So this is it, here's the whole design from beginning to end.  Here's a short 2 minute video clip I shot of us watching Star Wars and Independence Day for the first time.  Needless to say, we were both completely blown away.  (BTW, we also installed a pair of Dayton 6-1/2" two-way in-ceiling speakers for the rear surround as well and they sound great).  He hasn't got around to building the sub yet, so we were just watching in 5.0 surround sound, but man those little speakers kicked out some sound, and they sounded really good.  I'm not going to throw out a bunch of fancy words to describe them, I didn't get a chance to listen to them for more than 1/2 hour at most.  But they sounded really good, they played plenty loud, vocals from the center channel sounded natural and smooth.  They are probably a bit bright for music, but for movies they sound fine.  In the end all that matters is Jamin's happy, he said they sounded great to him, and his wife said the upstairs tables were rattling, so that's all good.  Actually his 3-year old daughter that same day we finished the speakers, while she was all alone downstairs, poked in the domes on all three tweeters.  Jamin about cried.  I went ahead and "sucked" them back out so they looked normal again, but he has to get cracking on those grills, and soon.  Kids and dust caps and tweeters, they're like a big red bull's-eye saying "Poke me in, poke me in!"  I should have got a picture of all three tweeter with the domes inverted in, it was truly sad to see.  But they all appear to fine now, so all is not lost.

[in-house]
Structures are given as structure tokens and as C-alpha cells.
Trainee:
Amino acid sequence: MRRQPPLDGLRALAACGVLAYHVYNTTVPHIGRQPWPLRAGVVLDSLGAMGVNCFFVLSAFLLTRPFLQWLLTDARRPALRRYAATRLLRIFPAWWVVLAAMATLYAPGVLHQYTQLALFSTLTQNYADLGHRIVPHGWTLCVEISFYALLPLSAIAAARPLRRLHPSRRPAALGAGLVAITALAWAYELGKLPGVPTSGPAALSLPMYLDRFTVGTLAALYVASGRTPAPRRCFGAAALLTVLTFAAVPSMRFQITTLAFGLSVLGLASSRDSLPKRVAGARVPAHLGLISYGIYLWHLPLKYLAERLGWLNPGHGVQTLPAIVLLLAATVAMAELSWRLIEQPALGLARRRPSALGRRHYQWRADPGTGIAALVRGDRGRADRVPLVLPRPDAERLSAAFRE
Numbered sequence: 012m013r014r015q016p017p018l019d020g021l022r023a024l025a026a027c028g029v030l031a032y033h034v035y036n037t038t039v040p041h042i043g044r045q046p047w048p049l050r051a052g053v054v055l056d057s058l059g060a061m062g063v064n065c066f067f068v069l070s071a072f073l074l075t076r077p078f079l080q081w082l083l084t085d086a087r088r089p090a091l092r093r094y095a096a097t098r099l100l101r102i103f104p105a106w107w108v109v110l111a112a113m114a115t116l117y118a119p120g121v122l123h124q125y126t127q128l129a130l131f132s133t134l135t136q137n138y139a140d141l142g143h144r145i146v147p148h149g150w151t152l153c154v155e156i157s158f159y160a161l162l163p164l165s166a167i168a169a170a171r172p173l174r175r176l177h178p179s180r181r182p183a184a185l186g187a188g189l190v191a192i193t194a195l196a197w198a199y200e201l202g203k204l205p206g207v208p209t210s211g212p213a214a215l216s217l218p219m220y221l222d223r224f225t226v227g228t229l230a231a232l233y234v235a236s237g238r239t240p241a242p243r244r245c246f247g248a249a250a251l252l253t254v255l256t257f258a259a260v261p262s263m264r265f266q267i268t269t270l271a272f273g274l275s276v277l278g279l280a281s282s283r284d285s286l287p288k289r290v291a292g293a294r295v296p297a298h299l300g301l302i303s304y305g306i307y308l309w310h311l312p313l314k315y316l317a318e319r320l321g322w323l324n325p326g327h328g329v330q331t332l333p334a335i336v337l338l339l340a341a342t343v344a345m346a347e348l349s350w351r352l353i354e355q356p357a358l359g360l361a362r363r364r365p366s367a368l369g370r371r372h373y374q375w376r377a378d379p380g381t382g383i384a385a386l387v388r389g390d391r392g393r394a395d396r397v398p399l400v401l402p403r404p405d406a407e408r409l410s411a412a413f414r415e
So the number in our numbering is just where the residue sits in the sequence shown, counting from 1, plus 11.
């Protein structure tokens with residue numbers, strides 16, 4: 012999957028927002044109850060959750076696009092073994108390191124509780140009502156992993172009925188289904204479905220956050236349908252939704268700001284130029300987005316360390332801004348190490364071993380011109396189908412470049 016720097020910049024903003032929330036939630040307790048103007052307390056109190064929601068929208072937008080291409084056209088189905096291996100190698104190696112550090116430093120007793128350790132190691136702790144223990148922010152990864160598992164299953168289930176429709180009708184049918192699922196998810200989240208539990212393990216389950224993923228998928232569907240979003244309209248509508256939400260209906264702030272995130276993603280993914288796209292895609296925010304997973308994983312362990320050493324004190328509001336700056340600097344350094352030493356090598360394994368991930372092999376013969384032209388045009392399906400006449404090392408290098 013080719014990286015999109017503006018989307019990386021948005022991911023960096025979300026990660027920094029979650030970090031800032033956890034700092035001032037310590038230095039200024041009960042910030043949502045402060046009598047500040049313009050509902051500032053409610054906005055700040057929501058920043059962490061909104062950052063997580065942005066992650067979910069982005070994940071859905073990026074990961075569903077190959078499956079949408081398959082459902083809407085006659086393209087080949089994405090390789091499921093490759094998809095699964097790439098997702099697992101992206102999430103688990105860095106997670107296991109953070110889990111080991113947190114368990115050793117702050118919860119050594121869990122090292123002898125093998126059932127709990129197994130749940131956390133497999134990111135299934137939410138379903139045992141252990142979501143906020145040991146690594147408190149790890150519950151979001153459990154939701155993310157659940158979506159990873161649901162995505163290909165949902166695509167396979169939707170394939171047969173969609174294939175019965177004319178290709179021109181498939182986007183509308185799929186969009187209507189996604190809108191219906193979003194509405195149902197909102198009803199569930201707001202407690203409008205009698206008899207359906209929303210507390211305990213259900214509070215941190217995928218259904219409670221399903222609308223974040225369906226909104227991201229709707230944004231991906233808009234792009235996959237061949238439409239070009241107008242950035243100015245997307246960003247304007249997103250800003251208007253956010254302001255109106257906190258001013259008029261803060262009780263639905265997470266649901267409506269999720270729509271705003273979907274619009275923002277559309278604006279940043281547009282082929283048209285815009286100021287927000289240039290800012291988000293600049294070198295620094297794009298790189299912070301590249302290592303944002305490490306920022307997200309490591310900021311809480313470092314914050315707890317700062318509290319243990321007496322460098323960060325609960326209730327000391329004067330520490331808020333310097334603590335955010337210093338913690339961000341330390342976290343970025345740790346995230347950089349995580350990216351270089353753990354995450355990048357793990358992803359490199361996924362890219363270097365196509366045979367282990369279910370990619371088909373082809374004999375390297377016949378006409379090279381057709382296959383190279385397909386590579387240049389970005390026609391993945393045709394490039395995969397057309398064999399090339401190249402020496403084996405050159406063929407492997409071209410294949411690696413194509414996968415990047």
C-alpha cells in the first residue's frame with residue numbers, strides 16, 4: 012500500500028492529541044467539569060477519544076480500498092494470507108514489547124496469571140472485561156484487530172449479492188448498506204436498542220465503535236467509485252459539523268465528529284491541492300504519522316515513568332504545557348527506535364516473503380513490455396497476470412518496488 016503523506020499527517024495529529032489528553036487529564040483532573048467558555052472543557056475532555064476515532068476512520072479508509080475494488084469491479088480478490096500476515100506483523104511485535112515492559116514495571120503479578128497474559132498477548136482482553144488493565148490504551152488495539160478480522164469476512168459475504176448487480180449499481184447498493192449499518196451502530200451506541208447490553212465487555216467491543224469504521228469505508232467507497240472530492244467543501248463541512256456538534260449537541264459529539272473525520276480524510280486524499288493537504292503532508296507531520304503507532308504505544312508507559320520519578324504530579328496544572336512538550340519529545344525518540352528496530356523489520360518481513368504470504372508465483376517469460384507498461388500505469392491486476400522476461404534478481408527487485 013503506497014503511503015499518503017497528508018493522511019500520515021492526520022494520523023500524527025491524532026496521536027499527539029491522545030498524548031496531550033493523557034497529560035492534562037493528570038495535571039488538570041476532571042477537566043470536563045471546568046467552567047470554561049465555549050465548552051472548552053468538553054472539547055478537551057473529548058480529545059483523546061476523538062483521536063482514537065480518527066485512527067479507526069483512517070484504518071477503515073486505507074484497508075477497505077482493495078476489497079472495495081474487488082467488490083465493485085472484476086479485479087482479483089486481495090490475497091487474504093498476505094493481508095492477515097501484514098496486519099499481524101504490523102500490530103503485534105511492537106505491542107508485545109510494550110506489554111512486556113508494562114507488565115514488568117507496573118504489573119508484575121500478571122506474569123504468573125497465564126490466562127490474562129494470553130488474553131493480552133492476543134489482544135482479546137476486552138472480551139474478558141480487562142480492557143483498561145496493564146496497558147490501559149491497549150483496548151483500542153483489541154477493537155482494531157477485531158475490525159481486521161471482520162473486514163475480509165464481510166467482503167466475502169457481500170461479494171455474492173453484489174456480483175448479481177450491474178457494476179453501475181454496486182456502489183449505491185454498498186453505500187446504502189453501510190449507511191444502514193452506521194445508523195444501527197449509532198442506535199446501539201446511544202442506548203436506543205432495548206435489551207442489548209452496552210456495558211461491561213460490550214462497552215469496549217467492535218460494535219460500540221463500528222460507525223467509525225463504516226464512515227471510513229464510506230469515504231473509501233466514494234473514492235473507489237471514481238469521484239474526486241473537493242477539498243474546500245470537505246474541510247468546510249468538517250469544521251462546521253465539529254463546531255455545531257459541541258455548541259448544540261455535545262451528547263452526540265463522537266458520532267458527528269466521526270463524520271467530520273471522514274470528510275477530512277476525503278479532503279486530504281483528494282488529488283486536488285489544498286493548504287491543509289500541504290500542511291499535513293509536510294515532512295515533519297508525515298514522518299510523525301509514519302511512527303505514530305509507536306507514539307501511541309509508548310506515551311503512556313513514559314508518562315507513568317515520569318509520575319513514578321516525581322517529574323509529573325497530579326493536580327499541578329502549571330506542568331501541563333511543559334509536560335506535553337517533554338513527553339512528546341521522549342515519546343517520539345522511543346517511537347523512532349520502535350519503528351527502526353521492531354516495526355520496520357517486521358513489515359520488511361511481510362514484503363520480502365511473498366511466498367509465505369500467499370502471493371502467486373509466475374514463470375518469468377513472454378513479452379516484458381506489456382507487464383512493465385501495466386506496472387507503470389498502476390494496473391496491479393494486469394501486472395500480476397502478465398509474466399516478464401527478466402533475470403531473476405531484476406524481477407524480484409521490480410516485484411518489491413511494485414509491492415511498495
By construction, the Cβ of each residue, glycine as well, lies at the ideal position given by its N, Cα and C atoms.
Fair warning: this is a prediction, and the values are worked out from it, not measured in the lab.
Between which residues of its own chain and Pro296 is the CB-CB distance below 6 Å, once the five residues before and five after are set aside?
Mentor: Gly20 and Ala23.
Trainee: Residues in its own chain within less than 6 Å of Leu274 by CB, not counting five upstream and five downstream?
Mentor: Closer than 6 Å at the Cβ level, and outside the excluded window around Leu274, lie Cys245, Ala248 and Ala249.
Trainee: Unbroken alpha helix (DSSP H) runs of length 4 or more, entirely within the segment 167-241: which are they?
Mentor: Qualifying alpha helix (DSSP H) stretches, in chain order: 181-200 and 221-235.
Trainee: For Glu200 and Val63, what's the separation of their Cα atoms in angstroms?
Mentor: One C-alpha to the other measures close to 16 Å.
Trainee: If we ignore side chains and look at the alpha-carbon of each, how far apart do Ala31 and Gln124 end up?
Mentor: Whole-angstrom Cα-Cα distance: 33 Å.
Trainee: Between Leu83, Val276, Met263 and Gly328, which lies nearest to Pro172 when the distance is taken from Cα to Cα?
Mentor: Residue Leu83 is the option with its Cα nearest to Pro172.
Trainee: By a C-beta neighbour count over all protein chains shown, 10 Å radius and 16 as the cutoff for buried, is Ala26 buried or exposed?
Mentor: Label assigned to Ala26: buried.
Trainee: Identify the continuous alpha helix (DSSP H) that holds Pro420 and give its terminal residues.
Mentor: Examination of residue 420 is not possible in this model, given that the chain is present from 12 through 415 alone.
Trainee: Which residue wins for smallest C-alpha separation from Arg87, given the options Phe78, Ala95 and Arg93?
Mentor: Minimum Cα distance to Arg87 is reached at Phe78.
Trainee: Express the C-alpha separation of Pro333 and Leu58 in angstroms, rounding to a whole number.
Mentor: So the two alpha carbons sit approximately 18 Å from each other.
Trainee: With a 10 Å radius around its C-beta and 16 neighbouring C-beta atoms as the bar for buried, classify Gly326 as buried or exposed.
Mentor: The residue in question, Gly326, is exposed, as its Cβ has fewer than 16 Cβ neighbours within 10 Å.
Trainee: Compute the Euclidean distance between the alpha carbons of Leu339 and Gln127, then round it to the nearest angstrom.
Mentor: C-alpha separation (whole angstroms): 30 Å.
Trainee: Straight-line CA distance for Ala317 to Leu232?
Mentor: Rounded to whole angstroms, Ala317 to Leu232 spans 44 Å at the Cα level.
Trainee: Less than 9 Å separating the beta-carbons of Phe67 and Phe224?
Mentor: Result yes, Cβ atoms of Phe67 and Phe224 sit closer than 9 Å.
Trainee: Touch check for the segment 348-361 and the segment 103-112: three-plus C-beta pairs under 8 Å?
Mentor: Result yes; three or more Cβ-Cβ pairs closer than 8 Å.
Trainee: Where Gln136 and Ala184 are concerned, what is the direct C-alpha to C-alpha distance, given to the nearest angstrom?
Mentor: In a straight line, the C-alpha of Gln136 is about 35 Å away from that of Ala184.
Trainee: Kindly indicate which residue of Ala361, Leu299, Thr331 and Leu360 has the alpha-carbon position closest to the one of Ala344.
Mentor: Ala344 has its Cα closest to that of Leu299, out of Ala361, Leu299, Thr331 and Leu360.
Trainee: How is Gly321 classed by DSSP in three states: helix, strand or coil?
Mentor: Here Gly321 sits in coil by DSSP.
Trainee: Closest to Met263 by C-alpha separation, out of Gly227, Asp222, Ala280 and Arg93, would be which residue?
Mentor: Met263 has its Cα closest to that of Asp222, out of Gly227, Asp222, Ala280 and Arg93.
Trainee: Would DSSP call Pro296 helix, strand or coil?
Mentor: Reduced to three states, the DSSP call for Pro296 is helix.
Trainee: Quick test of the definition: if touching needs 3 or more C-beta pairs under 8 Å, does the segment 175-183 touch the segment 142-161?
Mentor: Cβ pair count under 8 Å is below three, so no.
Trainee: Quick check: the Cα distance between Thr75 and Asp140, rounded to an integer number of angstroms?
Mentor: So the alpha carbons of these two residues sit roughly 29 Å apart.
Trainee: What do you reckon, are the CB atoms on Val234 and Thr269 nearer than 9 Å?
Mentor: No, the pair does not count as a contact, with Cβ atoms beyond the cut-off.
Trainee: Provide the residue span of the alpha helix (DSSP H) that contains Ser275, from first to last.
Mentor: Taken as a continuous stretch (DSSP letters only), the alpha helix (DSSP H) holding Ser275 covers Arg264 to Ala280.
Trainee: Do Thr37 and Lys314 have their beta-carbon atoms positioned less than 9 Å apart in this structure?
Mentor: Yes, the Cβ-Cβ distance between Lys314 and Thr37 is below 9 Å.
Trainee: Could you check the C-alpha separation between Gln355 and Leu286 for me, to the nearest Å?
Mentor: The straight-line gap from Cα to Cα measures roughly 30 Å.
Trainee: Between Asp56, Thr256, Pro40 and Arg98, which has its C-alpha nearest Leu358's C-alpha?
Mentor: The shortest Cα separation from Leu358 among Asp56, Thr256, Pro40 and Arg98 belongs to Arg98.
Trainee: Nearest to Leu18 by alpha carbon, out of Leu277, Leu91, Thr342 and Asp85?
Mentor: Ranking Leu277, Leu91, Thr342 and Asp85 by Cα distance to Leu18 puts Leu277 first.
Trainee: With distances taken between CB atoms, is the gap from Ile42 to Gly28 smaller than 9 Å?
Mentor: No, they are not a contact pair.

Now all he needs is the drop-down perforated screen and the sub, and he's all set to rock to all his favorite movies day or night.  So there you go Jamin, hope you enjoy your new home theater, and next time when I visit, I definitely want to sit through an entire movie this time.

Morel MDT-20 Tweeter and Dayton 7" Aluminum Woofer

This was the design for the speakers on the front wall of the home theater with dimensions

The shopping cart of all the speakers and crossover parts from Part Express

The summed FR plot of the proposed crossover - 18dB with a Zobel on the woofers

Crossover Schematic - This was the simplest design I could come up with that yielded a decent FR plot

First pictures of all the new speakers and parts when the arrived

The almost-completed crossovers mounted to a piece of 1/8" bead board and hot glued down

Point-to-point soldering with 16 AWG wire on back ensures good electrical continuity and is easy to do

I did a few near-field response curves and measured the speakers with the new crossovers

Picture of the (3) cabinets that we built in only a few hours.

Crossovers screwed into place.  We didn't get a shot of the insulation, but the walls are lined in the two larger cabinets and the smaller center channel cabinet is filled 100%.

First shot of the drivers just sitting in the cabinets.  We spaced the drivers as close together as we could.

We screwed the cabinets into the studs in the walls before actually installing the drivers.

See the legs/arm in that picture above?  I had to get inside the wall to screw on the terminals cups since the speakers wouldn't fit into the walls with the terminal cups on the sides.  This is me climbing out of the wall.

Finished speakers mounted into the wall at the front of the home theater

Popped in Star Wars Episode II for the first listen.  Everyone is impressed.  They sounded great.

Jamin's projector is a Sharp and currently is projecting about a 75" image onto just a painted  wall


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This page last updated on January 31, 2017.